Annie Leibovitz and Jann S. Wenner in the Rolling Stone offices at 625 Third Street in San Francisco. 1973. Photograph by Annie Leibovitz.
An exchange between Rolling Stone co-founder Jann Wenner and Annie Liebovitz:
March 1, 1982
To: Jann Wenner
From: Annie Leibovitz
This document will serve as a letter of understanding between us for the next 20-25 covers over the next year.
Rolling Stone assignments will have priority commitment.
Rules of the cover will be discussed and fought over with each issue.
I will try to act as promptly and as reasonable as possible.
I will try to act on my best behavior.
And I will discourage the use of my photographs in any publications other than Rolling Stone on any regular basis.
I am the Chief Photographer.
March 2, 1982
745 Fifth Avenue
New York, NY 10151
Your letter of March 1, 1982, is not exactly what I had in mind, but it’s getting close.
There are two points that remain to be clarified before increasing your fees; and both points bear directly on this matter.
1) Rules of the Cover: The basic rule — salability on newsstands depends, insofar as the photo, on subject recognizability — is not open to discussion, let alone being “fought over each issue.” Highest possible newsstand sales is the primary purpose of the cover, and recognizability is a final judgment that I make.
The elements that do — and don’t — go into recognizability are obvious — the standard facts of big heads, open eyes, strong colors, etc. — apply to at least 70% of the covers — and the natural exceptions are also obvious.
A bad cover due to limited or difficult recognizability — just like a bad cover due to poor choice of subject like Bill Hurt or Bob Hope — cuts newsstand sales somewhere between 25,000 to 50,000 copies, which translates to a $15,000 to $30,000 direct loss in company profits.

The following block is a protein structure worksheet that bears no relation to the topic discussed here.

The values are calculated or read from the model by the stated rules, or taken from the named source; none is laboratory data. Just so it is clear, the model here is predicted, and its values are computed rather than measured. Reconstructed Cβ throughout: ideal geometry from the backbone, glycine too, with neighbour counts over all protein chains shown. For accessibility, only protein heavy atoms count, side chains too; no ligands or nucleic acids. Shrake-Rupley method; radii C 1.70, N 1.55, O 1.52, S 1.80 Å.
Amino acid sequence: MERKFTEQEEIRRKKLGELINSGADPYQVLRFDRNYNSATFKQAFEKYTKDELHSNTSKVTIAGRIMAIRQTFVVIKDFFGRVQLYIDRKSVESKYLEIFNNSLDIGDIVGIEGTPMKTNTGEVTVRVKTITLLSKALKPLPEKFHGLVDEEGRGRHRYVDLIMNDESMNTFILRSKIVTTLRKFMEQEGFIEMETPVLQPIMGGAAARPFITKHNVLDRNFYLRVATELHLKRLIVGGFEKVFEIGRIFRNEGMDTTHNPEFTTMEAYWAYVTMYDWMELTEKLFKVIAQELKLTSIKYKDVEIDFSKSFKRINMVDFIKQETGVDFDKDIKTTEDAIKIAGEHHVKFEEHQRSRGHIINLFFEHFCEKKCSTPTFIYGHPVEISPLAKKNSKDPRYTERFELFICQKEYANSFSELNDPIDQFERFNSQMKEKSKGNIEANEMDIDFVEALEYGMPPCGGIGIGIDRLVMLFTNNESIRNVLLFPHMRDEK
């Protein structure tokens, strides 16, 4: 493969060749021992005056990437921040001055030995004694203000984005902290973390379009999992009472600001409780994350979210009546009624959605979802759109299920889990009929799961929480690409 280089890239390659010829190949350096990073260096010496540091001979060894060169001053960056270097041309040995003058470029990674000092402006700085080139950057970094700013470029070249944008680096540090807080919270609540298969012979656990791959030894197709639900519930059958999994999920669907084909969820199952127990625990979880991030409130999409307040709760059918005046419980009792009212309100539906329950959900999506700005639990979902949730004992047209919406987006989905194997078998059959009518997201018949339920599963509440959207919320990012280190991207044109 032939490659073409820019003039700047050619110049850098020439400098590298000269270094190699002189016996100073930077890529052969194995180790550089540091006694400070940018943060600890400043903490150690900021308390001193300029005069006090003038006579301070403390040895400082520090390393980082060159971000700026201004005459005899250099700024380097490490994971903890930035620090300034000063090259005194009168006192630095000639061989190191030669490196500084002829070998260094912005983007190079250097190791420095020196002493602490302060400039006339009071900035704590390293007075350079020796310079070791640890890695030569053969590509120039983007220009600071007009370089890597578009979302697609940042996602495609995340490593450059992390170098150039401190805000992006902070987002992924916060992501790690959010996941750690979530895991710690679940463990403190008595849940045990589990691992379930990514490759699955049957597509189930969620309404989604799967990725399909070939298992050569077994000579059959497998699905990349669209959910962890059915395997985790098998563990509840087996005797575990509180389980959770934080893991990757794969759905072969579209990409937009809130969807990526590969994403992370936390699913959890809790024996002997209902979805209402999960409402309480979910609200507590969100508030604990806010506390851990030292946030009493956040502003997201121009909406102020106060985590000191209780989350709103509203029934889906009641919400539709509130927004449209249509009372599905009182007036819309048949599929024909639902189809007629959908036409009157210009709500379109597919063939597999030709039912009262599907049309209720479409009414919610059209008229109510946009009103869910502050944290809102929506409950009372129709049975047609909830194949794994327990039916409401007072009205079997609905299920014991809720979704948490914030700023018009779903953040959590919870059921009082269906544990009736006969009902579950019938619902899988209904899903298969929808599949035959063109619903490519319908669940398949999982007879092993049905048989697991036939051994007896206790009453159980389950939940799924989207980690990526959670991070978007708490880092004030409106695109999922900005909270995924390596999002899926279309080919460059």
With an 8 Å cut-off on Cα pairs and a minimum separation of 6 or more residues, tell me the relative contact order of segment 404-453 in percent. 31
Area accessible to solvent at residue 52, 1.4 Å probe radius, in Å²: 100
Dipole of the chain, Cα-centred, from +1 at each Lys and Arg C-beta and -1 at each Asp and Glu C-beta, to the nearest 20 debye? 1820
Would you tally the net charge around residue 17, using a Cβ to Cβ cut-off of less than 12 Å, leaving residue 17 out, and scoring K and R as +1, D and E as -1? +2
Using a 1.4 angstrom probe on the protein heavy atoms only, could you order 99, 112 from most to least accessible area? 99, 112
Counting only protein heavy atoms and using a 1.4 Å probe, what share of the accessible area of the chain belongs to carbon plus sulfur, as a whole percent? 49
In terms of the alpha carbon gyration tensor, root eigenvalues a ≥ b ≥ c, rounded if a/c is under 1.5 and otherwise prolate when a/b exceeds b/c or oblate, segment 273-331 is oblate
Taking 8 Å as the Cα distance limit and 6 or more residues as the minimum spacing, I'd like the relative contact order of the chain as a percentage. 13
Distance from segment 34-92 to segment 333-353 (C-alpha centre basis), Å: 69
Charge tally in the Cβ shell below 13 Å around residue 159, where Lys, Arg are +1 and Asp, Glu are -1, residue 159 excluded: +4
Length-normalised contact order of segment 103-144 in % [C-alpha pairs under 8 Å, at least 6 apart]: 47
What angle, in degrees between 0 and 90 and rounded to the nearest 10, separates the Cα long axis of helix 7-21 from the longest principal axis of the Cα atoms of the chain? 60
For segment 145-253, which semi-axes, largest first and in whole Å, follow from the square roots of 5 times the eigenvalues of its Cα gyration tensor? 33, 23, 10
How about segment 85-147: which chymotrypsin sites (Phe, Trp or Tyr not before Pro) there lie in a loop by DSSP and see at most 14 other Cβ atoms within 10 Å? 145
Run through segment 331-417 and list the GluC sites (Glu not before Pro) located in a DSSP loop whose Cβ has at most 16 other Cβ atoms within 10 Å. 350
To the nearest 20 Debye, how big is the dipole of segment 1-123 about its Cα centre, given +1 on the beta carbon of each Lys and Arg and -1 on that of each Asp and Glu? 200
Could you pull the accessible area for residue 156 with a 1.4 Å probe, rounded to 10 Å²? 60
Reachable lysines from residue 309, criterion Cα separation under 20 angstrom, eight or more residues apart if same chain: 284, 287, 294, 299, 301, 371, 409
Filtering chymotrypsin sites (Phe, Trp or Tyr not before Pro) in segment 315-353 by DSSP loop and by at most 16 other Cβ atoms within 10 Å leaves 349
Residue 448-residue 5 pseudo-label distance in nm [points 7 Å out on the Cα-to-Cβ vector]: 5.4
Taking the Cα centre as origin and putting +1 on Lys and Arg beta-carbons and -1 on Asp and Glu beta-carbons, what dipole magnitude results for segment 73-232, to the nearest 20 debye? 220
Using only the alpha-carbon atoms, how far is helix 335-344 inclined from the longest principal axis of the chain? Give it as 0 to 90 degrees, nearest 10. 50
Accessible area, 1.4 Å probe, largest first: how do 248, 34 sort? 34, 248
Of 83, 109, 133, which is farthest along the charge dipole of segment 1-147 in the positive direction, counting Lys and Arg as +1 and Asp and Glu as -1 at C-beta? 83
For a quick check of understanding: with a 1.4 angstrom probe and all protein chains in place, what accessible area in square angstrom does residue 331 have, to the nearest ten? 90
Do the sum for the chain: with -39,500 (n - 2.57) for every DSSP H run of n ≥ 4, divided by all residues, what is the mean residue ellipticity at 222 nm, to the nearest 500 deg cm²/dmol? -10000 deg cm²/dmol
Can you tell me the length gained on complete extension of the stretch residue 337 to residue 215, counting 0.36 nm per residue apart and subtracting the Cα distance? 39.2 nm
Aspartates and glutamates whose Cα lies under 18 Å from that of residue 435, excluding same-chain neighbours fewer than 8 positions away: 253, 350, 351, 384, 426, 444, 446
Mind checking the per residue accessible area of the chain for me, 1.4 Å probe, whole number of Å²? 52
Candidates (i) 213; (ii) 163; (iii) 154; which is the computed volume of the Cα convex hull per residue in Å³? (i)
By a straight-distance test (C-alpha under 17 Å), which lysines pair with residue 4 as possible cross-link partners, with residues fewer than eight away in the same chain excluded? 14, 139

Therefore, any exception to the rules — and there are several good reasons (moral, artistic, bribery) to make them every now and then — must be discussed in advance. In the rare occasion when we can’t, you can try the experiment only if you also do a safety back-up in the conventional mode.
In other words, I am open to and in favor of changes, experiments and new ideas, but the final decision to risk $15-30,000 in profits is mine, and mine alone.
2) Other Publications: “Discourage” is subject to different interpretations between us. “Priority commitment to Rolling Stone assignments” and delivering the full potential in quality and value of the Chief Photographer means that you definitely not publish — as a “featured” photographer in any other magazine on an every issue basis.
I do not want to restrict your income opportunities — and thus am raising your fees to compensate partially — but the intent of my point here is clear and each of us knows where that line is drawn that gets you money and gets me exclusivity and the best work!
A few other points:
a) There has to be a stricter and longer embargo to U.S. re-publication of Rolling Stone photos in the U.S. — at least a year, with mutual agreement for exceptions.
b) Our daily and normal financial dealings will be through Mark Lipsky instead of directly with you, and will be done in a totally businesslike manner.
c) I’m planning to give you an office again at Rolling Stone in respect to all this because of your commitment “to act on your best behavior.”
If all these points are agreeable and in addition to your March 1, 1982, letter comprise our “letter of understanding” between us, please sign two copies of this and return them to me and your rates for work undertaken on the 20-25 covers for the next year will be $2500 fee per cover, $3200 for each cover with one significant inside shot, and standard rates for additional shots.
I am the boss,
(Signed, ‘Jann Wenner’)
Jann S. Wenner
Editor & Publisher
I am the Chief Photographer.
Agreed: (Signed, ‘Annie Leibovitz’)
Date: March 4, 1981